Can you imagine a future in which paralyzed people can get up and compete just like Olympic race walkers? What if that future is closer than we think, dares to dream, I GOT LEGS, an organization dedicated to creating and promoting powered exoskeleton walking competitions.
The Global Innovation Challenge, CYBATHLON Exoskeleton Race, and the Exo Games are competitive events that aim to bring researchers and developers face-to-face with the challenges of everyday living or other similar tasks. In contrast, I GOT LEGS has the goal of creating a brand new Paralympic sports discipline.
The next in-person and virtual race are both happening in just a few weeks, on April 29, 2023. It is not too late to register for either the 1-mile or 5-km events. Just go to: https://www.igotlegs.org/virtual5k. This exoskeleton race will take place on the second day of the Palmetto games at Clemson University Track and Field (Clemson, SC). The wearable robotics (bionics) race will join other better-established adaptive sports like air rifles, swimming, and archery. Two teams, A Soldier Strong and I GOT LEGS, are already signed up!
Funds raised from the Virtual Race are meant to create future training programs, organize the next competitions, and build a community around this potential new sport for people with walking disabilities.
The ultimate goal of the Exoskeleton Racing League (ERL) is to build enough support and data to create a new Paralympic sport “designed to empower individuals with paralysis to stand, walk, and race using cutting-edge exoskeleton technology.”
“When I am standing and walking in my robotic exoskeleton, I do not feel disabled, nor do I feel able-bodied; I feel ReEnabled,” Adam Gorlitsky, Founder of I GOT LEGS. Adam has completed multiple marathons over the last six years using his ReWalk Robotics powered exoskeleton.
I GOT LEGS is a 501(c)(3) non-profit organization “dedicated to ReEnabling the paralysis community to walk again,” with stated vision and goals to:
- Turn Exoskeleton Racing into a Paralympic + collegiate adaptive sport.
- Use the sport of Exoskeleton Racing as a catalyst to increase access to exoskeleton technology.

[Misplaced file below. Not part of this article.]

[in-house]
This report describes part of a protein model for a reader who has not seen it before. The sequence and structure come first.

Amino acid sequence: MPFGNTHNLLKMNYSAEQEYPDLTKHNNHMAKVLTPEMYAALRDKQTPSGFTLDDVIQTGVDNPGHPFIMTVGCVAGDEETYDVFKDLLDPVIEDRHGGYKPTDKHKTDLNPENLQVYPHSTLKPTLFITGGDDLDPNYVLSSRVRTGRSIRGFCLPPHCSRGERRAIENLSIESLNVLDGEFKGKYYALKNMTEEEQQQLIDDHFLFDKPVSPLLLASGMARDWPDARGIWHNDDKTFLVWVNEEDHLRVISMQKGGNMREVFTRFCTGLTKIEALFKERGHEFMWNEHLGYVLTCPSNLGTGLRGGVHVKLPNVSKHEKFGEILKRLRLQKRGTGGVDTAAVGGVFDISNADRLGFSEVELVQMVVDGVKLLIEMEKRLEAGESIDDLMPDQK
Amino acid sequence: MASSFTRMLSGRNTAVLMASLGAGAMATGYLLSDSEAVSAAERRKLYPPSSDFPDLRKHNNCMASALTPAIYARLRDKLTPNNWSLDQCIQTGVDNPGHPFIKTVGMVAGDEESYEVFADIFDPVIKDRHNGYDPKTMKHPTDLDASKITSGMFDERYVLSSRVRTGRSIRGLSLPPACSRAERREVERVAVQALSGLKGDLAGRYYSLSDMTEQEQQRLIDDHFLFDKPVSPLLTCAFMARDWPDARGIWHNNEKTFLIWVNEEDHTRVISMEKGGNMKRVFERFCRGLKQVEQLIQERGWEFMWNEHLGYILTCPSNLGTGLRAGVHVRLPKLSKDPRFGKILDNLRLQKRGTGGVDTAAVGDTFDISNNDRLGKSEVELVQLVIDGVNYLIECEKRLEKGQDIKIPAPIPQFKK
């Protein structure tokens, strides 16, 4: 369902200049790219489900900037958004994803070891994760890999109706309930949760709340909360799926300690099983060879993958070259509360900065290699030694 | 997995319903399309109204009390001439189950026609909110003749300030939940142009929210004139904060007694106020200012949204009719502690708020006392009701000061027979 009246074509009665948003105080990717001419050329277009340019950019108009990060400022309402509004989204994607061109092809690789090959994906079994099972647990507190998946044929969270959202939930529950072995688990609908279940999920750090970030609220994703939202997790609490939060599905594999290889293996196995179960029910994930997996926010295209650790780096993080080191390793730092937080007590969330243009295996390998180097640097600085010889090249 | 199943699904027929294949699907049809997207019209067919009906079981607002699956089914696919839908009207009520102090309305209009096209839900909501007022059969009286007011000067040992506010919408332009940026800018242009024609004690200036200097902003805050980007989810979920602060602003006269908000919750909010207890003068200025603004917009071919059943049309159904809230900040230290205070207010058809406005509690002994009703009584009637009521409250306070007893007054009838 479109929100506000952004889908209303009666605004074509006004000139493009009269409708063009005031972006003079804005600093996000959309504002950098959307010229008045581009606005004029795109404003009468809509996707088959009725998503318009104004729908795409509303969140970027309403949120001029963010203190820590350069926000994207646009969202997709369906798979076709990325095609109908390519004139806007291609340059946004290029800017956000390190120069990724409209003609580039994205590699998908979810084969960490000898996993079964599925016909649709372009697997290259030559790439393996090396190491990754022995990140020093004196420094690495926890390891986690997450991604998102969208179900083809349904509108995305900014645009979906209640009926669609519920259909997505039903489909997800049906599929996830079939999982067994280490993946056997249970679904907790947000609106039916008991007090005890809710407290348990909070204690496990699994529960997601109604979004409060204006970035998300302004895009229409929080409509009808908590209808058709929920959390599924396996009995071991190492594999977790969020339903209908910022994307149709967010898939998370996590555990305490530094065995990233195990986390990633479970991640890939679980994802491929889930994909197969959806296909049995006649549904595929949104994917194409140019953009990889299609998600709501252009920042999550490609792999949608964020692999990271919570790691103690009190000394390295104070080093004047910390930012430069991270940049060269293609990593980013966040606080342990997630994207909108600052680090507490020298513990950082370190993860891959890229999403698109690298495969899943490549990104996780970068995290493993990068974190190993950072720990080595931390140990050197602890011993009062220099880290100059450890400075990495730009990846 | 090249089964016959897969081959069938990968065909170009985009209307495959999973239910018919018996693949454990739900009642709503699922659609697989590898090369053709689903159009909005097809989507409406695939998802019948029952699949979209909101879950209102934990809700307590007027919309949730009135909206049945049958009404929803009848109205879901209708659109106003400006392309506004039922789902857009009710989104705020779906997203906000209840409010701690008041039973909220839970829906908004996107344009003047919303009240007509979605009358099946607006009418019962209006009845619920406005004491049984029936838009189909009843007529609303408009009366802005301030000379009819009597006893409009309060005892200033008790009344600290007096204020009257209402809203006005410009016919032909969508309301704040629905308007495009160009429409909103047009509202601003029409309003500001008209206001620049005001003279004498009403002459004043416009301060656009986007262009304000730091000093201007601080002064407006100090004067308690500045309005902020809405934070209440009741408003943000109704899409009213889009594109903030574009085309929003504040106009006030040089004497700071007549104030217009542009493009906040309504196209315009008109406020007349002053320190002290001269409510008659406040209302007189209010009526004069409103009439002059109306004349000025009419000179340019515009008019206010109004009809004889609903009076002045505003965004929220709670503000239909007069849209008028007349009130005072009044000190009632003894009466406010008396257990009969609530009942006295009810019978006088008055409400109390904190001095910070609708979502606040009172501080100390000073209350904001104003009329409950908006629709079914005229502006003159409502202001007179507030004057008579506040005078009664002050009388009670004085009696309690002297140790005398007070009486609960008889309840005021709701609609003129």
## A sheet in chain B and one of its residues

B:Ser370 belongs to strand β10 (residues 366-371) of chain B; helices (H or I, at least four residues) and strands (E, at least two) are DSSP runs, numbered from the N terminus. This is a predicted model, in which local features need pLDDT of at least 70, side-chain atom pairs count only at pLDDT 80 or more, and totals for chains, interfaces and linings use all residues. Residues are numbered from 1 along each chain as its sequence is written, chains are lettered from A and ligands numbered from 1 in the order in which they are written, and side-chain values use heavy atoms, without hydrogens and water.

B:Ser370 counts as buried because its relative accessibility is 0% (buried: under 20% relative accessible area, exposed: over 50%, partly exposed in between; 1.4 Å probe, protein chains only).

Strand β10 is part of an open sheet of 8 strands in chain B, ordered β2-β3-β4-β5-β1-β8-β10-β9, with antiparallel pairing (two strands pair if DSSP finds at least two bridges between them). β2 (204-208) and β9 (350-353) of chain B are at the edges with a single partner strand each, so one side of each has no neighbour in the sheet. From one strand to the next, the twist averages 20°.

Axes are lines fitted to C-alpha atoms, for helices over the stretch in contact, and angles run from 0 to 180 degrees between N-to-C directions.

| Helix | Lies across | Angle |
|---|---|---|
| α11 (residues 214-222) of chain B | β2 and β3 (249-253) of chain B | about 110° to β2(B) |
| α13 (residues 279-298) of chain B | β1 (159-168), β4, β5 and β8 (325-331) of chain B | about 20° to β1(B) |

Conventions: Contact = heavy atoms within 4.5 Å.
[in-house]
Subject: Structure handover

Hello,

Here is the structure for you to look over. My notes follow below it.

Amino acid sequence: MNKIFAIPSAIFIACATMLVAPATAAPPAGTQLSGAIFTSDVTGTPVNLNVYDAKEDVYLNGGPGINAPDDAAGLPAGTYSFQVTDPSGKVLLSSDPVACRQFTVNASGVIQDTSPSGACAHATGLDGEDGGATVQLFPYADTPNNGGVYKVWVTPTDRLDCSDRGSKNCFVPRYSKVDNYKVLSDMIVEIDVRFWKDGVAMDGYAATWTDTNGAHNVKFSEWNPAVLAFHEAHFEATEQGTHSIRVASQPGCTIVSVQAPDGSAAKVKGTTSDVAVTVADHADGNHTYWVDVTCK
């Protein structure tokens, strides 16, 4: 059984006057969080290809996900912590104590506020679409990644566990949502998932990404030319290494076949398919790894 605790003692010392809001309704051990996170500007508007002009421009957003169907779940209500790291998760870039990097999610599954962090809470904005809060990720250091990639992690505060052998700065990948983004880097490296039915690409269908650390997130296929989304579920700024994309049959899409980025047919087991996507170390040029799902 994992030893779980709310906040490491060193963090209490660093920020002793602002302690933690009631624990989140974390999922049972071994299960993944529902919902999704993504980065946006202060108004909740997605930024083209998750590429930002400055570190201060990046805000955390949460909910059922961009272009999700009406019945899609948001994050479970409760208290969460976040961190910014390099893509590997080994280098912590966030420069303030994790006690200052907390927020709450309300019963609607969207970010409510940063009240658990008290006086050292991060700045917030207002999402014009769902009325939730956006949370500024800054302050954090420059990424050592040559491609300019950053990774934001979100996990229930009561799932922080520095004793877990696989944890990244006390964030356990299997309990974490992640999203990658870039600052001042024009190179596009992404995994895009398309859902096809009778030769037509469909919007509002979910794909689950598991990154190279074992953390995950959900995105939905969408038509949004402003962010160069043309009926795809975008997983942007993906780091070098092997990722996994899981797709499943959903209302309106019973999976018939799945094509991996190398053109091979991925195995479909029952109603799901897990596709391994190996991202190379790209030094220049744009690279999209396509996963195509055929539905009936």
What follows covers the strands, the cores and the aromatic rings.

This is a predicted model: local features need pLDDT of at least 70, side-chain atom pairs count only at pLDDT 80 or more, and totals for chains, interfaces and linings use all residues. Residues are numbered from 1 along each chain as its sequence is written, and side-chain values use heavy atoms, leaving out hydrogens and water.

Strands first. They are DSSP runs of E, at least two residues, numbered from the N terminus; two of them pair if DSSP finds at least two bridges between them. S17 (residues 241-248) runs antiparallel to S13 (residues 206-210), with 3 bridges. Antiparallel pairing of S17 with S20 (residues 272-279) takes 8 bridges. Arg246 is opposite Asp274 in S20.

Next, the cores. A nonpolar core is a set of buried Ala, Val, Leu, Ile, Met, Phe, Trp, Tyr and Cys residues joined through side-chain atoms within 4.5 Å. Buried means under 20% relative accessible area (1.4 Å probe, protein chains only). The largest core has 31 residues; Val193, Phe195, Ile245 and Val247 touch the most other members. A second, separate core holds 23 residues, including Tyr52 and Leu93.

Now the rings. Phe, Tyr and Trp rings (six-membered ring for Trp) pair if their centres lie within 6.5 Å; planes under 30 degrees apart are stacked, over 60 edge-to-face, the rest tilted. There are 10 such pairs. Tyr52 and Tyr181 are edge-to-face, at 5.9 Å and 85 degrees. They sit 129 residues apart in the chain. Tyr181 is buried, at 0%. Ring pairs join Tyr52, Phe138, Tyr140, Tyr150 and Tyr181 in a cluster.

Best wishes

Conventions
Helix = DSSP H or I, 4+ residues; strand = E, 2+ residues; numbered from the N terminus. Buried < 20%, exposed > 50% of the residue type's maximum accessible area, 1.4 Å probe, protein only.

- Use the sport of Exoskeleton Racing as a catalyst to advance breakthrough paralysis research.
The I GOT LEGS website correctly reminds its visitors that the Food and Drug Administration (FDA) has not specifically prohibited the use of powered exoskeletons for sport or recreational activities, but it has not approved them for these purposes either, so using the device in this manner is considered “off-label” (see: Intended Use of the 11 FDA-Approved Medical Exoskeletons in 2023). The race organizers correctly state that current powered walking assist exoskeletons should be used in conjunction with a qualified health professional and/or certified walking partner.
For more information, visit the main website: https://www.igotlegs.org or the I GOT LEGS YouTube Channel.
In addition to some of the challenges stated above, this technology remains prohibitively expensive, and few people can own a home-use exo capable of participating in a race. Furthermore, by pushing themselves to go faster, participants are at risk of both fractures and skin abrasions (most, if not all, of the users don’t have tactile feeling in their legs and won’t know if there is a joint misalignment or other problem occurring). Most gait-assist powered exoskeletons also require significant arm and core strength. This is why an organization like I GOT LEGS could be the key to accumulating enough data and information to develop a process that makes bionic races safe, fun, and beneficial to their participants and all of humankind.